-Savannah River from the Bridge, Augusta, Georgia, June 8th, 2007, photo © 2007 by QuoinMonkey. All rights reserved.
“It seems I have always lived near rivers and trains.”
The day we went to Eve Street, I remembered I hadn’t taken any photographs of the Savannah. I had zipped off a couple of shots of the 5th Street Bridge, a landmark in disrepair. My grandfather helped build that bridge. It was strange to go back to a place where my family had so much history. I’m used to living in towns and cities where I have no immediate blood kin.
It stands to follow that in those places, I have to forge my own bits of history. But spending time in a city where family members are woven through architecture, church, field, and stream, made me feel connected. Close. The water there plays a big part in my childhood.
The Savannah River is about 350 miles long and its source is in eastern Georgia at a confluence of the Seneca and Tugaloo Rivers. The headwaters originate in North Carolina, South Carolina and Georgia near Ellicott Rock, the point where the borders of those three states meet. The river flows from a cool, clear stream in the Blue Ridge Mountains and empties through tidal plains into the Atlantic.
Savannah and Augusta are the largest cities on the Savannah River and most of their history evolved from commerce and trade on her waters. Savannah is on the Atlantic, Augusta on the fall line.
Lake Hartwell is a 56,000 acre manmade lake built in 1963 by the Army Corp of Engineers on the headwaters of the Savannah. The 71,535 acre Clarks Hill Reservoir was built by the Corp in 1954 and is 22 miles north of Augusta. Clarks Hill is where my mother wants her ashes to be scattered. She says she spent some of the happiest times of her life waterskiing and swimming in Clarks Hill.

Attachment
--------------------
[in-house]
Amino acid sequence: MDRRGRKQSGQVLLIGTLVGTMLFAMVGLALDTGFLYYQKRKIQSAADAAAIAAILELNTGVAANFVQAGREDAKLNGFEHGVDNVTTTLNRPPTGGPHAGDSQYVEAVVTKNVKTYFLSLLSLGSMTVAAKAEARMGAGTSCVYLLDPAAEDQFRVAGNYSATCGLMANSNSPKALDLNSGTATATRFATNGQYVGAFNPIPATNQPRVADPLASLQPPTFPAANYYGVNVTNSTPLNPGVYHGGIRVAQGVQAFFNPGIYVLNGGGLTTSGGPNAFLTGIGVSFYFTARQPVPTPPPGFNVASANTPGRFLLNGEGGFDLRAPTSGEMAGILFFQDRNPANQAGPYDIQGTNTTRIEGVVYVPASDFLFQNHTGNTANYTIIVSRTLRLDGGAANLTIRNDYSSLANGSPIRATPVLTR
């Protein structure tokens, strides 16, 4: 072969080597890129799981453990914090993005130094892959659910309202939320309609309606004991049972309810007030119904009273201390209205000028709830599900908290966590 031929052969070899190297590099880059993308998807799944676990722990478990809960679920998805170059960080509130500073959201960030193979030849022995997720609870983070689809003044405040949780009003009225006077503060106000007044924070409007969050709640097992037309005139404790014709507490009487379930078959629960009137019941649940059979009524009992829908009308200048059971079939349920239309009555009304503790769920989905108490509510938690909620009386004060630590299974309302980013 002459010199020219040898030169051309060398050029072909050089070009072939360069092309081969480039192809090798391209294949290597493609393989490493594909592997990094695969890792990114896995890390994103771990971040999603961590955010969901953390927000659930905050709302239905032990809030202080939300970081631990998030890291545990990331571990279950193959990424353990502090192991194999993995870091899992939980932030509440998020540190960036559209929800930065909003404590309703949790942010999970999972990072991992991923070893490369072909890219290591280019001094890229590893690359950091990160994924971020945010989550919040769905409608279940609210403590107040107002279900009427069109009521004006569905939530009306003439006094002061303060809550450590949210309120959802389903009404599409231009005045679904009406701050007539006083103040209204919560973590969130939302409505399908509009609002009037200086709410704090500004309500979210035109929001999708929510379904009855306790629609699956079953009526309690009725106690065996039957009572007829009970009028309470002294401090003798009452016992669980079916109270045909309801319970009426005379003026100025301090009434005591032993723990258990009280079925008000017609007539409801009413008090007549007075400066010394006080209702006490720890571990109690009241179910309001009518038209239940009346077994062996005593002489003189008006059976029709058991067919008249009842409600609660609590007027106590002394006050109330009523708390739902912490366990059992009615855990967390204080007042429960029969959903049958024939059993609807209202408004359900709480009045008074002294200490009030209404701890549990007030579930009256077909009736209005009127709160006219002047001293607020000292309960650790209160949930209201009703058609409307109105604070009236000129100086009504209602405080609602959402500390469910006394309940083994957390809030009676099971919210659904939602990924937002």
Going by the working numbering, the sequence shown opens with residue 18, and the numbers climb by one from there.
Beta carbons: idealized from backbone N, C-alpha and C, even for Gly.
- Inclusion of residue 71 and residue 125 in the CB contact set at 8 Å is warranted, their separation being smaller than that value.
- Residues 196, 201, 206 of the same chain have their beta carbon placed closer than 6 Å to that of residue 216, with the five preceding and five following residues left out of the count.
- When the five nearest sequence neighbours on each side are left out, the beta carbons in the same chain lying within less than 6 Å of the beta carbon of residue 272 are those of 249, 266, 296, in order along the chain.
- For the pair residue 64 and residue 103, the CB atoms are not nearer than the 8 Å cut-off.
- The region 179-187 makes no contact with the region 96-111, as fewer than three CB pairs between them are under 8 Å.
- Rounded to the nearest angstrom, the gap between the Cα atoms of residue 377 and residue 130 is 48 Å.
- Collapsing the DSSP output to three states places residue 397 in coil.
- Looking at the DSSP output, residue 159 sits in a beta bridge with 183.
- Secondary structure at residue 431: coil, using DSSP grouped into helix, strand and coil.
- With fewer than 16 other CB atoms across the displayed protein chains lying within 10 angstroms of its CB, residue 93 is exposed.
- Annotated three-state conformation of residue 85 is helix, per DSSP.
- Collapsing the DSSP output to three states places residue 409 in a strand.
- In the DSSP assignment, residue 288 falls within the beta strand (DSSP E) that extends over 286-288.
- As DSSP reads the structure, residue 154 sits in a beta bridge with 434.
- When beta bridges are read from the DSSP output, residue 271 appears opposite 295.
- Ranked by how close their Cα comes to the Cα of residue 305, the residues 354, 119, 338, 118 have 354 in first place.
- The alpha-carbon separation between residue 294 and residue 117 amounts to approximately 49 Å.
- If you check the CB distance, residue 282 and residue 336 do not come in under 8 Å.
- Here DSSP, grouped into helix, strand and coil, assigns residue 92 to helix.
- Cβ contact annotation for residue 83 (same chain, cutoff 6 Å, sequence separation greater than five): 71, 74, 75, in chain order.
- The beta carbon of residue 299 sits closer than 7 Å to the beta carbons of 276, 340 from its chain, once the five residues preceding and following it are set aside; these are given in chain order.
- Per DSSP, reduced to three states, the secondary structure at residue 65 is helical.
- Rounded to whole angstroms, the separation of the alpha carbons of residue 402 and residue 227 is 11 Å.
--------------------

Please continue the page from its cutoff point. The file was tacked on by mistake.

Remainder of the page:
The Savannah River’s history goes back some 12,000 years to the Ice Age. That makes my 400-year-old family history look paltry. Human history along her banks includes Hernando de Soto, James Edward Oglethorpe, the Westo Indians, and a wandering tribe called the Savannah Indians, armed by a group of Carolinians, who drove out the Westos in the Westo War of 1680 and gave their name to the river.
Part of my ancestry can be traced back to Oglethorpe. But the memories I have are of Grandmama Elise picking me up from Belvedere Circle in her black, 40′s Pontiac and singing The Good Ship Lollipop to me as we crossed the 5th Street Bridge. (My great grandfather told them they would run into quicksand when they built it, but they didn’t listen.) When we drove across the river border between South Carolina and Georgia, the wind from the rolled down passenger window roared through my hair; the smell of the paper mill on the river is something a child never forgets.
The memories I have are of rolling over the river to Reynolds Street and my Granddaddy’s shop where my step-dad worked part-time as a mechanic (in addition to his full-time job). I remember the girly calendar on the wall, the smell of grease and Gojo, and pulling an ice cold Coke out of a shiny, red vending machine that gripped the blue-glass bottles like a vice. Then we’d drop salted peanuts from a bag of Planter’s into the lip and alternate swigs of Coke with the soggy crunch of peanuts between our teeth.
My memories are from four years ago, scooting along the Riverwalk in Augusta with my sister and her family when we drove down to visit relatives. We were fresh and tan after body surfing in the Atlantic at Ocean City, Maryland, and spent the day ambling around the Riverwalk museum where we stuffed ourselves into a photo booth for a couple of crazy, animated snapshots.
My memories are from a week ago, driving back and forth across the Savannah River, photographing landmarks, recording conversations, creating new memories with my step-dad and mother, laughing and conjuring up times long past. My memories are of breaking and mending, of leaving and of coming home.
Here they are, details on the page, the beginning of something much bigger, a creative force spawned from the bowels of rivers and oceans and mountains and trees. Bones. Here are the memories of last week’s water wings, and the flowing, dry humidity of the Savannah.
But I sit on a gray deck near the banks of the wide and rambling Mississippi whose mouth bubbles out not far from the Canadian border in a lake called Itasca.
Sunday, June 17th, 2007
-from Topic post, Water Wings
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